Significant changes (increase or decrease) in the plasma concentrations of estrogen and/or progestin have been noted in some cases of co-administration with HIV protease inhibitors (decrease [e.g., nelfinavir, ritonavir, darunavir/ritonavir, (fos)amprenavir/ritonavir, lopinavir/ritonavir, and tipranavir/ritonavir] or increase [e.g., indinavir and atazanavir/ritonavir])/HCV protease inhibitors (decrease [e.g., boceprevir and telaprevir]) or with non-nucleoside reverse transcriptase inhibitors (decrease [e.g., nevirapine] or increase [e.g., etravirine]).
- COCs containing EE may inhibit the metabolism of other compounds (e.g., cyclosporine, prednisolone, theophylline, tizanidine, and voriconazole) and increase their plasma concentrations.
- COCs have been shown to decrease plasma concentrations of acetaminophen, clofibric acid, morphine, salicylic acid, temazepam and lamotrigine. Significant decrease in plasma concentration of lamotrigine has been shown, likely due to induction of lamotrigine glucuronidation. This may reduce seizure control; therefore, dosage adjustments of lamotrigine may be necessary.
- Women on thyroid hormone replacement therapy may need increased doses of thyroid hormone because the serum concentration of thyroid-binding globulin increases with use of COCs.
The use of contraceptive steroids may influence the results of certain laboratory tests, such as coagulation factors, lipids, glucose tolerance, and binding proteins.
There is little or no increased risk of birth defects in women who inadvertently use COCs during early pregnancy. Epidemiologic studies and meta-analyses have not found an increased risk of genital or non-genital birth defects (including cardiac anomalies and limb reduction defects) following exposure to low dose COCs prior to conception or during early pregnancy.
Do not administer COCs to induce withdrawal bleeding as a test for pregnancy. Do not use COCs during pregnancy to treat threatened or habitual abortion.
Advise the nursing mother to use other forms of contraception, when possible, until she has weaned her child. COCs can reduce milk production in breastfeeding mothers. This is less likely to occur once breastfeeding is well-established; however, it can occur at any time in some women. Small amounts of oral contraceptive steroids and/or metabolites are present in breast milk.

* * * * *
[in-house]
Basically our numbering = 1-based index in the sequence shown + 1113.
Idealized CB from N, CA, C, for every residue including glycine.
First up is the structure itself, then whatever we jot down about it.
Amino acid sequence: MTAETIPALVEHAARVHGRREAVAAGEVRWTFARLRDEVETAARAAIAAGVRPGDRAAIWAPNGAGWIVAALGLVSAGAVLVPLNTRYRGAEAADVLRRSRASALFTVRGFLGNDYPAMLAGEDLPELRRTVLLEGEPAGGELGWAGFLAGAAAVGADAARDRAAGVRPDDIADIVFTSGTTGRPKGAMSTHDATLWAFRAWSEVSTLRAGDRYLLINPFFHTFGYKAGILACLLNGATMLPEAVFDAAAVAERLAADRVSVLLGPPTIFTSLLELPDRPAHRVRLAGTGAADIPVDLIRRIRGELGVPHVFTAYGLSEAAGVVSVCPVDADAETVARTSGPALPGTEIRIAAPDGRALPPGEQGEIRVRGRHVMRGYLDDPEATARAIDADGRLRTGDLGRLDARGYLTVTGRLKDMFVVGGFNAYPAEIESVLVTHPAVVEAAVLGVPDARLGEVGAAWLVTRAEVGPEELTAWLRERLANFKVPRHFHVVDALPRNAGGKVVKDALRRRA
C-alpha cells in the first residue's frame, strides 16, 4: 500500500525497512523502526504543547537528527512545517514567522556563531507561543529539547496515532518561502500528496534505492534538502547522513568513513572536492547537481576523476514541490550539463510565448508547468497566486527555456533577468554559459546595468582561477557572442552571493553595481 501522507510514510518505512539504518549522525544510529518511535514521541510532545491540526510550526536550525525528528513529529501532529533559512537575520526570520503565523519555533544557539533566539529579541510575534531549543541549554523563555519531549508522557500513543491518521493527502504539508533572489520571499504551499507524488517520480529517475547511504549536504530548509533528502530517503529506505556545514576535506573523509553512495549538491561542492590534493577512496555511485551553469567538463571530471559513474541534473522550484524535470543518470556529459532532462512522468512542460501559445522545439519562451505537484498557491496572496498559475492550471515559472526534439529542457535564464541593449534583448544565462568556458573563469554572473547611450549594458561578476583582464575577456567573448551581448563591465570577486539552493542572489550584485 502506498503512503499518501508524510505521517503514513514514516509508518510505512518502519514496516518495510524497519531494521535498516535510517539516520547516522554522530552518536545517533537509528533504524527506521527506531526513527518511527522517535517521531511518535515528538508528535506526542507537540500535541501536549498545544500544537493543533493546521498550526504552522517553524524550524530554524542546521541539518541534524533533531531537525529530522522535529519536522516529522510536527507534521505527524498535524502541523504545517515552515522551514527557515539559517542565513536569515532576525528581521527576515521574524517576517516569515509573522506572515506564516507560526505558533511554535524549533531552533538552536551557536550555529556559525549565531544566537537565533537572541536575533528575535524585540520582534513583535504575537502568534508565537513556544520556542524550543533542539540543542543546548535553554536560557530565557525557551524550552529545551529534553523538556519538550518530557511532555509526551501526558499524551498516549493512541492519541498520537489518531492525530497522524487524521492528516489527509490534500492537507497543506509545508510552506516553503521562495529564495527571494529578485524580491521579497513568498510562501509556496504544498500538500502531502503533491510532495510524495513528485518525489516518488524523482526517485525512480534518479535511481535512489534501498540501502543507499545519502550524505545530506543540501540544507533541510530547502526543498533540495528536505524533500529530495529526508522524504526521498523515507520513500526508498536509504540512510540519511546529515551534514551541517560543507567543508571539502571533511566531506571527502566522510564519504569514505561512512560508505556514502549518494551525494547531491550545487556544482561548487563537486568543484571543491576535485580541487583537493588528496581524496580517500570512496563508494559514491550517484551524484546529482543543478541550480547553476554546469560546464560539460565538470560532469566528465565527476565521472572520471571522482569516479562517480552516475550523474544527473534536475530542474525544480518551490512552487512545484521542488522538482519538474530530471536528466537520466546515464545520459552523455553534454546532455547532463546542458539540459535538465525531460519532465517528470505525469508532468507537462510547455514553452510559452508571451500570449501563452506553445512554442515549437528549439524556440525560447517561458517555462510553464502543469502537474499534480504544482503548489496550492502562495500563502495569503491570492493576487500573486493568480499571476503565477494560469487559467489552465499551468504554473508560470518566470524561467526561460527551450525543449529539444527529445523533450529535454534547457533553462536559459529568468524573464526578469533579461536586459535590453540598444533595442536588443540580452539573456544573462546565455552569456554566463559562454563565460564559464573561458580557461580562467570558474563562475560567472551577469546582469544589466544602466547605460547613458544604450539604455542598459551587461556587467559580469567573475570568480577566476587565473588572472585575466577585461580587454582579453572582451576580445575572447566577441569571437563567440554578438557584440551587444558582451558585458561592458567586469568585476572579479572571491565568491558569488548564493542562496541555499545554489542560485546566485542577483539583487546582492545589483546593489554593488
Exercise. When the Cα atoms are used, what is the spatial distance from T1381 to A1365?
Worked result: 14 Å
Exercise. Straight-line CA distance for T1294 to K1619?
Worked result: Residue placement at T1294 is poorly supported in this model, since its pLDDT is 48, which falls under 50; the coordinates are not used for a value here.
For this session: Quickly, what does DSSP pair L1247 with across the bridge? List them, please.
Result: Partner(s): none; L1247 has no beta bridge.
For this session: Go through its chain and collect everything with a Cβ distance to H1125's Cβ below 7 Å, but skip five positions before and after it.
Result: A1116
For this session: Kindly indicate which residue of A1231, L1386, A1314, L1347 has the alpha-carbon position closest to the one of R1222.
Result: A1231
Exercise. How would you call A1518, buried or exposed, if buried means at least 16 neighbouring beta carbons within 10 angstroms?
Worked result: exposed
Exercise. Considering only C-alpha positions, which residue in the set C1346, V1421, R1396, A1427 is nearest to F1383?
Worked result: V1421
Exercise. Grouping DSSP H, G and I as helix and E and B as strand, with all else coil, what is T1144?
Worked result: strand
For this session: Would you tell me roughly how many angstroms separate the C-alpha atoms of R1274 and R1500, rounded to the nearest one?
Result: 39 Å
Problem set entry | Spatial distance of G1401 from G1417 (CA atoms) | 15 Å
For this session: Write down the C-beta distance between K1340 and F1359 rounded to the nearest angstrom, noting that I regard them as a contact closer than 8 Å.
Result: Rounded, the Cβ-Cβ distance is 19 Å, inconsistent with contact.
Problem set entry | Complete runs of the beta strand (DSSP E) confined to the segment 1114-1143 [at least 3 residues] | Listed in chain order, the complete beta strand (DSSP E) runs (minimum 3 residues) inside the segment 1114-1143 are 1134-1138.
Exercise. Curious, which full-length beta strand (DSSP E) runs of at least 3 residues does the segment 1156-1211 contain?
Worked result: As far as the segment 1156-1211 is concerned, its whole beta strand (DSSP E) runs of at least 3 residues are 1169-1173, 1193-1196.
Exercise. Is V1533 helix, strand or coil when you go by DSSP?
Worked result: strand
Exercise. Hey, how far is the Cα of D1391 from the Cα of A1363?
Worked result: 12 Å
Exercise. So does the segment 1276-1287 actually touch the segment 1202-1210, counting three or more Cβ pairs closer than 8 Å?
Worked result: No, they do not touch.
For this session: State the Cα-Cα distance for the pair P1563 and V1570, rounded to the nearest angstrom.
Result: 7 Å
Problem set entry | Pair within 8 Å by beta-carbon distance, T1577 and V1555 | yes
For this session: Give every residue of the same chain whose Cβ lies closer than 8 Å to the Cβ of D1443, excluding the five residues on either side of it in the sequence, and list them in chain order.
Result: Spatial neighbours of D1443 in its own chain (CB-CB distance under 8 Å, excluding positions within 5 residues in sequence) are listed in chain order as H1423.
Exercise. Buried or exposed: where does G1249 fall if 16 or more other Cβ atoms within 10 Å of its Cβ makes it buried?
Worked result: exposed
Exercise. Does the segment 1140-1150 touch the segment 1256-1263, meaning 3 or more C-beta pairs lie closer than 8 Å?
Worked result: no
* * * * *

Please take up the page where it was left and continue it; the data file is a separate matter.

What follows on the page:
Safety and efficacy of Tri-Sprintec Tablets has been established in women of reproductive age. Efficacy is expected to be the same for post‑pubertal adolescents under the age of 18 and for users 18 years and older. Use of this product before menarche is not indicated.
There was no significant difference between Tri-Sprintec Tablets and placebo in mean change in total lumbar spine (L1-L4) and total hip bone mineral density between baseline and Cycle 13 in 123 adolescent females with anorexia nervosa in a double-blind, placebo-controlled, multicenter, one-year treatment duration clinical trial for the Intent To Treat (ITT) population.
Tri-Sprintec has not been studied in postmenopausal women and is not indicated in this population.
The pharmacokinetics of Tri-Sprintec has not been studied in subjects with hepatic impairment. However, steroid hormones may be poorly metabolized in patients with hepatic impairment. Acute or chronic disturbances of liver function may necessitate the discontinuation of COC use until markers of liver function return to normal and COC causation has been excluded. [See Contraindications (4) and Warnings and Precautions (5.2).]
The pharmacokinetics of Tri-Sprintec has not been studied in women with renal impairment.
There have been no reports of serious ill effects from overdosage of oral contraceptives, including ingestion by children. Overdosage may cause withdrawal bleeding in females and nausea.